“Hey, good neighbor!”
This used to be a greeting—not by me, maybe not even my parents, but my grandparents might say, “Hey, good neighbor!” I was little when I first heard it, and never thought about it until a couple of days ago, when three names and three stories came to mind.
Ruby and Mack were our first good neighbors when we moved to town. Our second daughter Maggie was a newborn in a car carrier and our daughter Mallory was a toddler. We were heading to our apartment entrance and an older couple was in front of us.
Ruby and Mack were strangers to us and for that reason we said nothing but waited politely for them to get their mail. Ruby came over and said, “Oh, what a beautiful baby,” and that was that. They became good neighbors and Ruby and Mac became second grandparents to our children.
Ruby had arthritis in her hands, but that didn’t stop her zeal for scrubbing things down to the shiny bone. She and Libby would turn over apartments. Libby would do the carpets, I would paint (not much good for anything else) and Ruby would scour the stove and refrigerator back to the date of manufacture, tsk-ing and muttering “Lawd!” at the grime that had accumulated.
I brought a pot of split pea soup over to them once and Mac (from the South) just kept saying, “Mmm, MM!” like it was the finest meal he ever ate. To this day, whenever I eat split pea soup, I think of him.
They were good neighbors, but if Ruby hadn’t started the conversation, we probably never would’ve talked, and they would never have become good neighbors. They would’ve remained people who lived next door, and the treasure would never have been found.
Our adventure in the country started when I saw a small piece of land for sale. While I forget exactly how I met Al and Nyla, I will never forget how kind they were. We bought an old house in the central part of town and planned to move it out onto that acreage.
Two young people with great ambition, little experience and less money. And did I say foolish?
We bought a house that had to be moved and the land to move it on, and never thought that we might need permits for both!
Well, Al and Nyla gathered the adjacent neighbors and arranged a meeting. Libby dressed the girls in their best home-sewn dresses, white tights and black Mary Janes, and the neighbors signed a petition asking that the county board allow us to put that house down.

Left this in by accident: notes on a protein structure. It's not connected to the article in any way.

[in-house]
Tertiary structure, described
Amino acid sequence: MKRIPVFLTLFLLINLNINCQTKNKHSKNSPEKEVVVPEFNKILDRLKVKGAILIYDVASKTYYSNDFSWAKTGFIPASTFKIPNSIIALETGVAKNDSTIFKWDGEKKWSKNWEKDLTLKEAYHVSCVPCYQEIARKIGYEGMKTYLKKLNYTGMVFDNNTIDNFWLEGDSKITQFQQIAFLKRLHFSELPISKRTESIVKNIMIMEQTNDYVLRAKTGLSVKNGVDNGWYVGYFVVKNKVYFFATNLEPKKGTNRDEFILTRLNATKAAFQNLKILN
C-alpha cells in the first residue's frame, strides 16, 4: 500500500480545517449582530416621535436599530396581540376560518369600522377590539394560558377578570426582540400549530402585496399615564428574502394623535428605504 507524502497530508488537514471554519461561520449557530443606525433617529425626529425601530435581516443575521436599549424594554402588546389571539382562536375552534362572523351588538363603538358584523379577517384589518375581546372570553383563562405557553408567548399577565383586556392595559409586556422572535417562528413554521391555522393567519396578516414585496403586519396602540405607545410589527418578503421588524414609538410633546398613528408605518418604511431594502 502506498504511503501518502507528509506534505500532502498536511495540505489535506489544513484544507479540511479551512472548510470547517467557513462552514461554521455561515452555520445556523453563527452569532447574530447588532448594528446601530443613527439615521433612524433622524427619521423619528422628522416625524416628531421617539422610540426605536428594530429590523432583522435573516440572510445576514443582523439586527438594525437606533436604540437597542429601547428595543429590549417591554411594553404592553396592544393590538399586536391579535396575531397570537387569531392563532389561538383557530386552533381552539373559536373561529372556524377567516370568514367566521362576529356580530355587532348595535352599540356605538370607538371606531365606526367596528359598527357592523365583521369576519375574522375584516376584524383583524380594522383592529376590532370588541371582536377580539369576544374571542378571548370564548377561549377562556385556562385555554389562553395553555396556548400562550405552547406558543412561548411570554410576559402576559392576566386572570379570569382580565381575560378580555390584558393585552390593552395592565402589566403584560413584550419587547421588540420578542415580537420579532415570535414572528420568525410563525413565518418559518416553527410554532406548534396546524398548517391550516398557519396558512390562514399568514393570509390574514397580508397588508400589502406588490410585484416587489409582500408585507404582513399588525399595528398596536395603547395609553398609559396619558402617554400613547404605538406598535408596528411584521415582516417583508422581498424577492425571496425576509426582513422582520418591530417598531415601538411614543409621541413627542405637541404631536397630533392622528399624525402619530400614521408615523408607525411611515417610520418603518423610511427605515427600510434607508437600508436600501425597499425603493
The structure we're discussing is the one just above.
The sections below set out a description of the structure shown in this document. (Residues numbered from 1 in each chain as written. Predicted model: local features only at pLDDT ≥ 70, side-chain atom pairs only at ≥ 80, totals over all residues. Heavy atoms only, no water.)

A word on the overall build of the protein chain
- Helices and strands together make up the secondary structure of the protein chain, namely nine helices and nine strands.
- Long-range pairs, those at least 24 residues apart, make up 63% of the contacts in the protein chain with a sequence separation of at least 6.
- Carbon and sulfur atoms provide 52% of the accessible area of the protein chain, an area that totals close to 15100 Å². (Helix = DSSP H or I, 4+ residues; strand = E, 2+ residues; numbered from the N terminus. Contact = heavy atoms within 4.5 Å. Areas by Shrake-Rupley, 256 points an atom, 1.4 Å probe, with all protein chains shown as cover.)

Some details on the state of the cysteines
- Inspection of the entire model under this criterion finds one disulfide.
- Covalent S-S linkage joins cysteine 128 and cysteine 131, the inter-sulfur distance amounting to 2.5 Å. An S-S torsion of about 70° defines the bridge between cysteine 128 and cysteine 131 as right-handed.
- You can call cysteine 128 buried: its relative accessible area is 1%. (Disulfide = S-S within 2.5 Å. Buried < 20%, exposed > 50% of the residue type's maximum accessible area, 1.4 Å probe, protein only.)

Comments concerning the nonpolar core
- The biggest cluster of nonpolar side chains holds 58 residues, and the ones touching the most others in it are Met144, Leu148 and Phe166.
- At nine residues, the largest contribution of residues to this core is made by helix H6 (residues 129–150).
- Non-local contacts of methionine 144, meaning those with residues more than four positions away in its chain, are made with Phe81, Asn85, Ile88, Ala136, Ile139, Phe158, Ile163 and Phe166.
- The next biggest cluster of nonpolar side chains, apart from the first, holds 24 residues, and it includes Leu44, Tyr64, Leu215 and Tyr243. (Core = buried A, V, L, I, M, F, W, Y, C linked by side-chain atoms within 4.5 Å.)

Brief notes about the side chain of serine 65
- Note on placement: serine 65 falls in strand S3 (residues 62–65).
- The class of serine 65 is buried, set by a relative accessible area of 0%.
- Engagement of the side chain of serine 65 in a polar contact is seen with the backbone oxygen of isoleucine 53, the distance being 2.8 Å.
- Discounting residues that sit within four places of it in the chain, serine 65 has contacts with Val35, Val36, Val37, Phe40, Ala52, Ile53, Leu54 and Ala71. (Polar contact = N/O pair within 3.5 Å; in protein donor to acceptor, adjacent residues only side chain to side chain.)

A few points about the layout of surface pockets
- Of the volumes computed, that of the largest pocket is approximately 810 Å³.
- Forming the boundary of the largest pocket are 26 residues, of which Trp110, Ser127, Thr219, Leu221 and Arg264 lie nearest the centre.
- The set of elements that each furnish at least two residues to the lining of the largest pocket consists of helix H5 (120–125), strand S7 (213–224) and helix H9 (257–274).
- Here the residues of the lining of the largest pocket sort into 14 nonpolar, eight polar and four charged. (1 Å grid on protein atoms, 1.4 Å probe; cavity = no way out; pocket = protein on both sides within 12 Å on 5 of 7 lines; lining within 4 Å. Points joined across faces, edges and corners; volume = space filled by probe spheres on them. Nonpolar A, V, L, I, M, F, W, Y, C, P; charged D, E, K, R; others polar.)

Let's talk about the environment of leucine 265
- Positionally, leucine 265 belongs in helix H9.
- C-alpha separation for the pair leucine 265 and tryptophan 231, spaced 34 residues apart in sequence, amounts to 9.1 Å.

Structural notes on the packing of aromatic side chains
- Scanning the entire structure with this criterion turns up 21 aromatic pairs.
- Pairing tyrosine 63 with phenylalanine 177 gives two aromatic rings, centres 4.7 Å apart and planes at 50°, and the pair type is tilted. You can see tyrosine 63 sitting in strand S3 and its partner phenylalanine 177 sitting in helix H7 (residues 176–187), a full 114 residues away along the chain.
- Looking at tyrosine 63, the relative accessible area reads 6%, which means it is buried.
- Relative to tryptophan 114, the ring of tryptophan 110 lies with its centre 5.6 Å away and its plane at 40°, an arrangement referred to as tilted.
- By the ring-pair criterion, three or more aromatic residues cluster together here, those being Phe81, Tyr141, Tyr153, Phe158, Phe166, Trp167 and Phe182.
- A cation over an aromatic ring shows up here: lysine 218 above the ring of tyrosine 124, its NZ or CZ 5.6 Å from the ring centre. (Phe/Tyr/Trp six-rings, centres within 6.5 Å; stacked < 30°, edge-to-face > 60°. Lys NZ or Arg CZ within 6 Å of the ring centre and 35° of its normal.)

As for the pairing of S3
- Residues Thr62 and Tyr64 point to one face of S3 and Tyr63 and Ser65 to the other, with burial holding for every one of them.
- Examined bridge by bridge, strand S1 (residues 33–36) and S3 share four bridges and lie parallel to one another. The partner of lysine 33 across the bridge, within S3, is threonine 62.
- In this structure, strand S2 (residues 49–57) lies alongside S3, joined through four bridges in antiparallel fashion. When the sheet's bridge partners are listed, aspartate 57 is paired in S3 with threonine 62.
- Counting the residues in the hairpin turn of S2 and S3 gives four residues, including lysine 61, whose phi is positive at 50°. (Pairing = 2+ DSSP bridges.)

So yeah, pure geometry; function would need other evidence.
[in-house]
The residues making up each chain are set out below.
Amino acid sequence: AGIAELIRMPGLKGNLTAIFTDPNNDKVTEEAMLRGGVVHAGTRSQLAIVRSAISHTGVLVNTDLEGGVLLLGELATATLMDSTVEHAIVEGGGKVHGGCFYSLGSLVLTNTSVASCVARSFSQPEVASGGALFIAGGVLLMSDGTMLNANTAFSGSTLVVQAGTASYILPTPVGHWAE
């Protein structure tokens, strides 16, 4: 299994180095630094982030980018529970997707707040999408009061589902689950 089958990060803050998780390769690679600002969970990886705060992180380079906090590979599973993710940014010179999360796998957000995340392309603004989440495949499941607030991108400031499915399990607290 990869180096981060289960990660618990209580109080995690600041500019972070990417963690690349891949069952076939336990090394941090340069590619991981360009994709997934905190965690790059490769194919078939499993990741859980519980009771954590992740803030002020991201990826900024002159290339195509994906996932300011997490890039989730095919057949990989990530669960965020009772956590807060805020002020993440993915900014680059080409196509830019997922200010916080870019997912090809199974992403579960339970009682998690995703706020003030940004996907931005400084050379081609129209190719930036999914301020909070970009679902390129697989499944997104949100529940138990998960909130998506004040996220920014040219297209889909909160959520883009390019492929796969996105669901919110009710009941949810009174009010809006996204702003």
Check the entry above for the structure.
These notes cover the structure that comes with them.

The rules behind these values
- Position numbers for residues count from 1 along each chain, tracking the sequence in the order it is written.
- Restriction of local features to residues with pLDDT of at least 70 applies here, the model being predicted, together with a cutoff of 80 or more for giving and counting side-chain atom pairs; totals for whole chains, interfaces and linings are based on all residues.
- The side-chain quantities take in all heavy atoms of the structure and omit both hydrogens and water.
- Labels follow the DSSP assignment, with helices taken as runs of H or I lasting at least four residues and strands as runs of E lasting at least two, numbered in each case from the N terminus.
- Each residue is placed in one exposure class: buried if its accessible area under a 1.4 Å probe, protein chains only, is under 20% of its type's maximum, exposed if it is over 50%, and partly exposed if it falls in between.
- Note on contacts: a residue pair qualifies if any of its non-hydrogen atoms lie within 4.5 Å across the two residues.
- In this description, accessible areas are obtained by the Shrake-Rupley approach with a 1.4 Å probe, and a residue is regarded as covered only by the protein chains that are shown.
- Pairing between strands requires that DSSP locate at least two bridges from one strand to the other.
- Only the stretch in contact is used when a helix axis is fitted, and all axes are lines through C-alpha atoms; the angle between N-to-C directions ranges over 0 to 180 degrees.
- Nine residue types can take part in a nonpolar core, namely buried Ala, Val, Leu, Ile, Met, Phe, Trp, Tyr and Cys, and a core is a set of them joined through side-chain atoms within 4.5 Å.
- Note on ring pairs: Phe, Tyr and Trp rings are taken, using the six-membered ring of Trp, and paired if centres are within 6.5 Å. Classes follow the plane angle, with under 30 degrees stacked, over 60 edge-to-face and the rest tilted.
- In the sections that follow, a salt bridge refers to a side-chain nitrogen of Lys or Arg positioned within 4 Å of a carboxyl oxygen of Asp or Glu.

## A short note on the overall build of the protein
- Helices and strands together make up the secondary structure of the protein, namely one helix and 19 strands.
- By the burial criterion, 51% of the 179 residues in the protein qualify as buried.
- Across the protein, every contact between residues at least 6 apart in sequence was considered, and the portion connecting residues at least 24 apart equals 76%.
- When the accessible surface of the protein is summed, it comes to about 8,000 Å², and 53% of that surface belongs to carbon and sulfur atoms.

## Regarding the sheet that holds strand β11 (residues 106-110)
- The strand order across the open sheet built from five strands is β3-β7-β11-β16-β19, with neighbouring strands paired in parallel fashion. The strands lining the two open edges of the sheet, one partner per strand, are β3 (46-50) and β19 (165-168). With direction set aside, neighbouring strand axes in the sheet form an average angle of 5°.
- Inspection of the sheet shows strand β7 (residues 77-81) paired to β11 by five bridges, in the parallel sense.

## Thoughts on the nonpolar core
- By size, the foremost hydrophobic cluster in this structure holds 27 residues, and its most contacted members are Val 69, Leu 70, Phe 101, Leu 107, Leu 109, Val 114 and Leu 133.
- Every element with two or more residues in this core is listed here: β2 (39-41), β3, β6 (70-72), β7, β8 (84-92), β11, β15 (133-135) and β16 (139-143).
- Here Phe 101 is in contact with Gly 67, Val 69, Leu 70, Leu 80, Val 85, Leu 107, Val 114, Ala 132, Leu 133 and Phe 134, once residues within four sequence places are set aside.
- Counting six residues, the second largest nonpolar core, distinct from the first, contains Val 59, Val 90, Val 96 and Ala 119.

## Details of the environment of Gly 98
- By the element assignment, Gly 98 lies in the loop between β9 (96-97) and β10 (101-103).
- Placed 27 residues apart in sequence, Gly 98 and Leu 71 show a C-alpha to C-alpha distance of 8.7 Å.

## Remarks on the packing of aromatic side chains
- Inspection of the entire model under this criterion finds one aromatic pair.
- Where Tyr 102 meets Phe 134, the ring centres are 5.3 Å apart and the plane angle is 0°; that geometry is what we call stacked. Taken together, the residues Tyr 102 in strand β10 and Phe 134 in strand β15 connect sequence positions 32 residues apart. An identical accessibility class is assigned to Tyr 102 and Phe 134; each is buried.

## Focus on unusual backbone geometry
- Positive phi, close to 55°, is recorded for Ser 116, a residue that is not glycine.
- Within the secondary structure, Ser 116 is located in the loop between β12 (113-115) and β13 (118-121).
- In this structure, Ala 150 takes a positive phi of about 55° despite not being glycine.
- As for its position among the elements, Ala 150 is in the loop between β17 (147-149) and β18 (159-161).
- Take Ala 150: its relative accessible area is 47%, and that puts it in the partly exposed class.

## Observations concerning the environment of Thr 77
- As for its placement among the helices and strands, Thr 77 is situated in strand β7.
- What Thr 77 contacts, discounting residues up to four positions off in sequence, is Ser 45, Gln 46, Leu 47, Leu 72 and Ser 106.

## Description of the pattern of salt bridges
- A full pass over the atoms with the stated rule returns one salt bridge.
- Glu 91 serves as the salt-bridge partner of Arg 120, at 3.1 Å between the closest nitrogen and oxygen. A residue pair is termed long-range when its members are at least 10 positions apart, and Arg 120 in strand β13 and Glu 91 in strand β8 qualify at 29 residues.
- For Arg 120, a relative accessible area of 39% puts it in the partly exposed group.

It was a terribly cold winter that first year and the pipes froze. I was at work and snowed in. Libby called Al. He was at least 80 but he loaded stuff on a plastic sled, walked over to our house and with his son Todd, cut the frozen pipe, pieced another section of copper in and soldered the whole works. Hasn’t leaked since.
Another time I was trying to bust loose a big nut off a rusted bolt and asked Al if he had a crescent wrench for the job. He gave me an enormous crescent wrench about two feet long. “You might as well keep it,” he said. “I don’t have any use for it.” Well, he probably did (why else buy it in the first place?), but it hangs in my garage. His name is engraved on it: Al Sando. I am proud to own it.
Dwayne Jackson lived down the way. He was another petition signer and a Ford tractor owner. He plowed a strip around the edge of my property so I could plant some trees for a windbreak, and then another patch for a garden. I gave him $75, which was probably an insult, but what I could afford. He was a good neighbor, too, and I miss him. Both the Jacksons and the Sandos have “gone to their reward”—another antiquated term my Grandpa might say, but I feel explains it perfectly.
Mack has also gone to his reward, but we had a chance to visit with Ruby and her daughter Sheila, the other day. It had been more than 30 years since we were neighbors, but the years fell away in their company.
Today I have people who live next door to me, but only a few neighbors. They are busy and much more prosperous than we were at their age. They probably don’t need any of my amateurish help; they can afford far better. The lesson Ruby taught me has been hard to apply. It’s hard to visit with someone you hardly ever see.
But now it is April. Glorious Spring and wondrous Summer! We are more intentional now. Each night includes a walk around the neighborhood. We greet the guy in his yard. We stop to watch the kids shooting baskets. We ooh and ahh over the baby in the stroller. Our goal isn’t 45 minutes of cardio, it’s trying to remember the names and faces of the few that will become good neighbors.
We are treasure hunting for good neighbors. It’s an excellent pastime and one I heartily recommend.